One of the most memorable things to do in Amsterdam is to visit Anne Frank House. Tragically, only 5000 of the 107,000 Jewish children and adults who were sent to detention camps in the Netherlands during World War II survived.
Entering the Secret Annexe, where the young girl and her family desperately fled the Nazis for more than two years before being apprehended, brings the Holocaust's atrocities into a sharply human perspective and directly personalizes the war's disastrous effects. It is impossible to forget seeing the diary Anne kept while hiding here while standing in these gloomy, empty rooms.
Having been born in Germany in 1929, Anne Frank escaped the country in 1933 along with her sister Margot, her parents Edith and Otto, and their other family members. Otto Frank founded businesses selling pectin, pork, and sausage flavoring in warehouses and offices on Amsterdam's Prinsengracht canal after the family arrived there.
Following Germany's takeover of the Netherlands in 1940, Otto and his coworker Hermann van Pels established a hiding spot in a Secret Annexe of Otto's workplace in the spring of 1942 with the assistance of helpers who would deliver essential supplies throughout their stay. In June of that year, Anne received her red plaid diary for her 13th birthday. When Margot was ordered to go to Nazi Germany in July, the family sought safety in the hiding place.
The lower levels of the modern shell that now houses the house combine interactive technology to portray history, such as WWII newsreels with narration from Anne's journal. You can see personal belongings and documents on display in the offices of Otto Frank's business partner and other collaborators who assisted the hiders.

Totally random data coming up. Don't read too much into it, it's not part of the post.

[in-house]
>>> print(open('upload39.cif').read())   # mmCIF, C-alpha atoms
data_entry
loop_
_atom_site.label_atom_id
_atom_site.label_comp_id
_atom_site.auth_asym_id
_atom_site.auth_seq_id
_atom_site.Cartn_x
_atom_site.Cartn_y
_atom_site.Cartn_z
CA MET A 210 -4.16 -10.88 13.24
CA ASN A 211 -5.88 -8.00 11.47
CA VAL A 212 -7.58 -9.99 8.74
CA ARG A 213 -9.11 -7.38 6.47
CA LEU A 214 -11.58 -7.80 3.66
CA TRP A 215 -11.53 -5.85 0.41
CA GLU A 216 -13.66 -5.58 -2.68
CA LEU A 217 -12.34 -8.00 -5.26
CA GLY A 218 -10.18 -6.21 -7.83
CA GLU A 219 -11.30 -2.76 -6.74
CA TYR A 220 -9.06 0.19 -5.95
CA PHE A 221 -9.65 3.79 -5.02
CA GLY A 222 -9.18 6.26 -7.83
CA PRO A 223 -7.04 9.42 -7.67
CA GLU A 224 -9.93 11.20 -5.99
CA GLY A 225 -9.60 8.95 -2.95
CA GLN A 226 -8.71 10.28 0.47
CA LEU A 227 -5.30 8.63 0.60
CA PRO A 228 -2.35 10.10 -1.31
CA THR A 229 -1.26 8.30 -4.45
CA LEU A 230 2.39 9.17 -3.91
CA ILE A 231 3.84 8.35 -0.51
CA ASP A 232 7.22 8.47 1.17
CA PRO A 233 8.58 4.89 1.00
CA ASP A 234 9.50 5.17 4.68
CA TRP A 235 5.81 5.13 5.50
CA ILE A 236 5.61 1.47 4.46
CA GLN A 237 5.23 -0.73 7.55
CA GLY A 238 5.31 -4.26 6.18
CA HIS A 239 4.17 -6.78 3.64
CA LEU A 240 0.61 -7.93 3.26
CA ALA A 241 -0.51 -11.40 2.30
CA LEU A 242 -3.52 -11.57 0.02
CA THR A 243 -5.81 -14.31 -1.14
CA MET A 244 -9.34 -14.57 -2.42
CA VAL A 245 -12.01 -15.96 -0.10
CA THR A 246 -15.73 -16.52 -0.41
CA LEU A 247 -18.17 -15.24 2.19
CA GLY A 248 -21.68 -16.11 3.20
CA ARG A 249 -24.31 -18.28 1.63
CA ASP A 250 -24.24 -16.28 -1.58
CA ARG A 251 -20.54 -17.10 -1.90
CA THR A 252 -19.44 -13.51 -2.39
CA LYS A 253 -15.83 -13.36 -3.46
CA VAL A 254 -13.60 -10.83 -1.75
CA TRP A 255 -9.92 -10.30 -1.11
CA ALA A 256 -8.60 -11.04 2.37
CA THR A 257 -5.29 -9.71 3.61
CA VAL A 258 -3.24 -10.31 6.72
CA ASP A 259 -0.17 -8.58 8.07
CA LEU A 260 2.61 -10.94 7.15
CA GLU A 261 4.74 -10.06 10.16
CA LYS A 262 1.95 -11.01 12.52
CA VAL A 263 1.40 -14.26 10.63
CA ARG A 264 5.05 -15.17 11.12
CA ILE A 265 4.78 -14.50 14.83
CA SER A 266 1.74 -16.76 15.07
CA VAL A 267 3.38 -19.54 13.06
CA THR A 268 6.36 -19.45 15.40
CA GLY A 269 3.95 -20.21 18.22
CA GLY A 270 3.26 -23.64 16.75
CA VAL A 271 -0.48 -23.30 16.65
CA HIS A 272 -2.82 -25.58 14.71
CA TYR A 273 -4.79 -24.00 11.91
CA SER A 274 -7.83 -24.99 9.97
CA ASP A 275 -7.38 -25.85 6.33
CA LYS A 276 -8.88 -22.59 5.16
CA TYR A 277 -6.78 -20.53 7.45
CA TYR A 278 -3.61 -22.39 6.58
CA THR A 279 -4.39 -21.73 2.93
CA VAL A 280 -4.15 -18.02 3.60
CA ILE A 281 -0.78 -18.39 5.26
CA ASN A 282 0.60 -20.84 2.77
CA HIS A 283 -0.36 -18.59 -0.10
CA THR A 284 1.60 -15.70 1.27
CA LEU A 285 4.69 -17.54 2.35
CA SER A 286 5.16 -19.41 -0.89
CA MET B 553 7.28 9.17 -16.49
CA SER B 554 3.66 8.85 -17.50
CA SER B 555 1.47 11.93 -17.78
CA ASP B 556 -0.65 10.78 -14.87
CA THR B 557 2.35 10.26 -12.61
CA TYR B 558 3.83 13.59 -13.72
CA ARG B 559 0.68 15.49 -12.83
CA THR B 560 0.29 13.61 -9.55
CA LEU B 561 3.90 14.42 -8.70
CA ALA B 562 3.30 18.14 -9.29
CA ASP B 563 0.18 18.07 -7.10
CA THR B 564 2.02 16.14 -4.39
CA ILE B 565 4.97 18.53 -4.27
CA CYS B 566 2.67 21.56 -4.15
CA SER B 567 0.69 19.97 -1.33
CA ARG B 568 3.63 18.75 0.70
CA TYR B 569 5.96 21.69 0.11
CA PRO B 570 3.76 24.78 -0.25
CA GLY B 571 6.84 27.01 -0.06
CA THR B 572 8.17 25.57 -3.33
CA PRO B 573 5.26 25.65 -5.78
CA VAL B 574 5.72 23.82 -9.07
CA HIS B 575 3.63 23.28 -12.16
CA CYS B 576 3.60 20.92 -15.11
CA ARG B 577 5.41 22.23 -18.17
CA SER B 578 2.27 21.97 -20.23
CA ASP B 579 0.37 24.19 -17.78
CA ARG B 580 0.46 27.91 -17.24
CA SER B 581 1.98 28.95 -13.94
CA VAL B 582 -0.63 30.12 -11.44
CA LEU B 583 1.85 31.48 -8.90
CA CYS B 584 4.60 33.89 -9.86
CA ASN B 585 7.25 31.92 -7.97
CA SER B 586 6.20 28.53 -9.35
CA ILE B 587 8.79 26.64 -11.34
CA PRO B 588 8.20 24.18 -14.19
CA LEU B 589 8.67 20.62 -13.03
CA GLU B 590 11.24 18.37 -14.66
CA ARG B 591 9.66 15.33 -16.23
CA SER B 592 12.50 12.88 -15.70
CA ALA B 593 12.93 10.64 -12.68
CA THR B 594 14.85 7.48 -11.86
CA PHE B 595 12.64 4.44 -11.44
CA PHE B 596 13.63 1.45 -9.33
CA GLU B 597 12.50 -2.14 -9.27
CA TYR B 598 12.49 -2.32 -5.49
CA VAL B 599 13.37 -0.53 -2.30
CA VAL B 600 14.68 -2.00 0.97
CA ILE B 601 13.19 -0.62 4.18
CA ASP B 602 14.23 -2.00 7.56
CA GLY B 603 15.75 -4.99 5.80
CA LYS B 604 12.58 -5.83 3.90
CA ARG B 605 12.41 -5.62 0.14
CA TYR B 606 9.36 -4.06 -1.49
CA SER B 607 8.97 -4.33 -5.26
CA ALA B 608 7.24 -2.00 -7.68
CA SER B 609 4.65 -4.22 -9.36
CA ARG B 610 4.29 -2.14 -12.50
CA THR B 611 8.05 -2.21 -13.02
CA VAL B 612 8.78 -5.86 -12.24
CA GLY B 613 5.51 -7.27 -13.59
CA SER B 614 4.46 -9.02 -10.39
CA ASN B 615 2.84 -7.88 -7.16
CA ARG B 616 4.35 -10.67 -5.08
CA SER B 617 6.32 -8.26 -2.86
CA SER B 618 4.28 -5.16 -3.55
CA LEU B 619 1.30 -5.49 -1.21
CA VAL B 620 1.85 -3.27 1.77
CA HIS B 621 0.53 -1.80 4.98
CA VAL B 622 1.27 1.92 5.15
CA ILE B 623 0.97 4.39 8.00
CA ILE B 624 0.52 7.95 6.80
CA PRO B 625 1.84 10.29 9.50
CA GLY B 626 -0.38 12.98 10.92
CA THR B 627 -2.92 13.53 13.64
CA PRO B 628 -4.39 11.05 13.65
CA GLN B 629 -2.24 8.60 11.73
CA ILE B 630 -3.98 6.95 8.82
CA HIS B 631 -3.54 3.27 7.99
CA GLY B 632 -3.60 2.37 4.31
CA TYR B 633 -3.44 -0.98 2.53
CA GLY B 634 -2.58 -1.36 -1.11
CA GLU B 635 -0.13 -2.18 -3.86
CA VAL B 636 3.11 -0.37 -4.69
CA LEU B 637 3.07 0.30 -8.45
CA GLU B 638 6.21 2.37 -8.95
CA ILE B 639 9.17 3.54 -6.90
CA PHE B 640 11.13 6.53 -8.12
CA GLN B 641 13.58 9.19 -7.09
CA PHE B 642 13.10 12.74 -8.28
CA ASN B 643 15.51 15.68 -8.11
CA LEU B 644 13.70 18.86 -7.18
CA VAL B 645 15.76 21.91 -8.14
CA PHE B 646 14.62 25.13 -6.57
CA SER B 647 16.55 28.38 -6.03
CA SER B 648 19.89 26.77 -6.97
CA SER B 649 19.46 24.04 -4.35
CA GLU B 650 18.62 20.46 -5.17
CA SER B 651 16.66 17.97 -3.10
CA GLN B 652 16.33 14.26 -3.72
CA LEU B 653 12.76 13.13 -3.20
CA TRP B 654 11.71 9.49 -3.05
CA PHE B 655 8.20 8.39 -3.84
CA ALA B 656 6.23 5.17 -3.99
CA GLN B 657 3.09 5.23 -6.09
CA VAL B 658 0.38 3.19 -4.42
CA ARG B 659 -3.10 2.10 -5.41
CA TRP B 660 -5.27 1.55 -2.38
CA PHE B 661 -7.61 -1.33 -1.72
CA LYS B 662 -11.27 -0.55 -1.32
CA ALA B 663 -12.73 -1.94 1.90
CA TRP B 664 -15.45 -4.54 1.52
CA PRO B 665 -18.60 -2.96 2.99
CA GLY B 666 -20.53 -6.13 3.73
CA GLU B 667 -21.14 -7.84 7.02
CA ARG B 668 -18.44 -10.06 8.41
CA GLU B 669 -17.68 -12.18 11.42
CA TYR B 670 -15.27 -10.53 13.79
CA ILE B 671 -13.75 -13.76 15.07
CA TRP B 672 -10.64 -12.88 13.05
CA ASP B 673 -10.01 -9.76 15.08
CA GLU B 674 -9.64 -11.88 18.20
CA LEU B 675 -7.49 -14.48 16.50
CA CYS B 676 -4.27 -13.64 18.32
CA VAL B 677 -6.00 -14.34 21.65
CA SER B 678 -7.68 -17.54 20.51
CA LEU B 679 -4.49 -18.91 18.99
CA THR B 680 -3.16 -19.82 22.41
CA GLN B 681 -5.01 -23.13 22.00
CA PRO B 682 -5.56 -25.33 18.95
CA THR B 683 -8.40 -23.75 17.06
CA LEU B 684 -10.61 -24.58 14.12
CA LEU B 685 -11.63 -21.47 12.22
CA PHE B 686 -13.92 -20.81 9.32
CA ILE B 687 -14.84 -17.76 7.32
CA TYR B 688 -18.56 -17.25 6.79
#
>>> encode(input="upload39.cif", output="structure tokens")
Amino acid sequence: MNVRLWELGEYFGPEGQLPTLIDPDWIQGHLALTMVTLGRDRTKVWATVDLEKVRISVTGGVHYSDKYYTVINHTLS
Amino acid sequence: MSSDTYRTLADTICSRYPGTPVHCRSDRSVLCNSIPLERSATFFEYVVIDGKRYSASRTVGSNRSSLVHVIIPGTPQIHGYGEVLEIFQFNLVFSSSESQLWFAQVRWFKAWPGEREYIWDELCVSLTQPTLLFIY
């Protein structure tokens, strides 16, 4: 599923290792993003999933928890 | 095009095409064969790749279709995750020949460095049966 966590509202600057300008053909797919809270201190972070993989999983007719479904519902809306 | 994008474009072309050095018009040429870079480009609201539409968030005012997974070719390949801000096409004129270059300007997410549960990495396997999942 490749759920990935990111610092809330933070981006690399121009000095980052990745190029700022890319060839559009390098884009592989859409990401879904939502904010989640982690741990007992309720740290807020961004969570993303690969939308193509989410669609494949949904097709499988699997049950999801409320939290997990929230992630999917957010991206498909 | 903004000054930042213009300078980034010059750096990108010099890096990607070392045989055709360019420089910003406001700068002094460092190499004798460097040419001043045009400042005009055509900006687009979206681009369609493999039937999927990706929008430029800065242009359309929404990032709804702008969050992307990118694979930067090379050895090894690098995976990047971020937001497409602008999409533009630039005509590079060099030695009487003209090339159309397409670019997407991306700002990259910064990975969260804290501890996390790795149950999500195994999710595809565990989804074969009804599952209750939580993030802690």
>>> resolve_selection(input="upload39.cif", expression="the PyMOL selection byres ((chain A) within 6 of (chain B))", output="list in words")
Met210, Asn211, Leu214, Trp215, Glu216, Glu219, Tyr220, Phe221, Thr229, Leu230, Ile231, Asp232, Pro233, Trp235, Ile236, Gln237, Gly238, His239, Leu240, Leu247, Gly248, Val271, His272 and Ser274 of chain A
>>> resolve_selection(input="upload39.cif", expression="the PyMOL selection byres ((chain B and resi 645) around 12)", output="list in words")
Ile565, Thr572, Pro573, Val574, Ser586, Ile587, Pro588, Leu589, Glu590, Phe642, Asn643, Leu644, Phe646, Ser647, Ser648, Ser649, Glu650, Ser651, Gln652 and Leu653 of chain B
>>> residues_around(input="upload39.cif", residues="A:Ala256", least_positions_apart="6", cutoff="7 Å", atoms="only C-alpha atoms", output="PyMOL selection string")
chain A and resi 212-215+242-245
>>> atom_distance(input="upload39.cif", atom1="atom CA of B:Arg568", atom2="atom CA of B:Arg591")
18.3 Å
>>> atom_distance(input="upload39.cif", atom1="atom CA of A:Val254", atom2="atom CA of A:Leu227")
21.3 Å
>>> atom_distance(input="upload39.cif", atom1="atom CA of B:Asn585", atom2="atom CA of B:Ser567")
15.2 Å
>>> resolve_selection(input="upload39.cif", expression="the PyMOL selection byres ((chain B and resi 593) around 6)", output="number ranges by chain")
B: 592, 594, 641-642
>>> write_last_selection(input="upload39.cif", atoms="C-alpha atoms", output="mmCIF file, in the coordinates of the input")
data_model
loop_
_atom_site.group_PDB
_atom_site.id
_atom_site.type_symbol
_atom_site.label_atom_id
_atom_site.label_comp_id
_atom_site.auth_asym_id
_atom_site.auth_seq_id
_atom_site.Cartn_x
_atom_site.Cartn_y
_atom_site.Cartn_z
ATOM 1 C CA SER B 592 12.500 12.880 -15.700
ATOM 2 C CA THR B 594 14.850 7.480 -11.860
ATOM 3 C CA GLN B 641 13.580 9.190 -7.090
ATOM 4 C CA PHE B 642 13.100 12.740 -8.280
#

A stark contrast is created by passing the bookcase that opens on hinges and entering the 'Secret Annexe' of the rear house. Below the mezzanine and above the office area are two floors that have a 1942-like feeling. In her little bedroom, which she shared with Fritz Pfeffer, Anne still had photos of Hollywood celebrities and Dutch royals hanging on the walls. Families only ate lunch with their caregivers after the employees left for lunch because they were unable to use the restroom in the mornings without alerting the warehouse workers to their presence.
The annexe is empty at Otto's wish, but after the museum opened in 1960, he had models of the home created that depict the claustrophobic conditions of the meticulously hidden floorplan. After exploring the annex, you may see more eerie movies in the front house, where there are also artifacts like Anne's diary, which is kept by itself in a glass case.
Prinsengracht 263 - 267 museum entrance Westermarkt 20, 1016 DK Amsterdam The Netherlands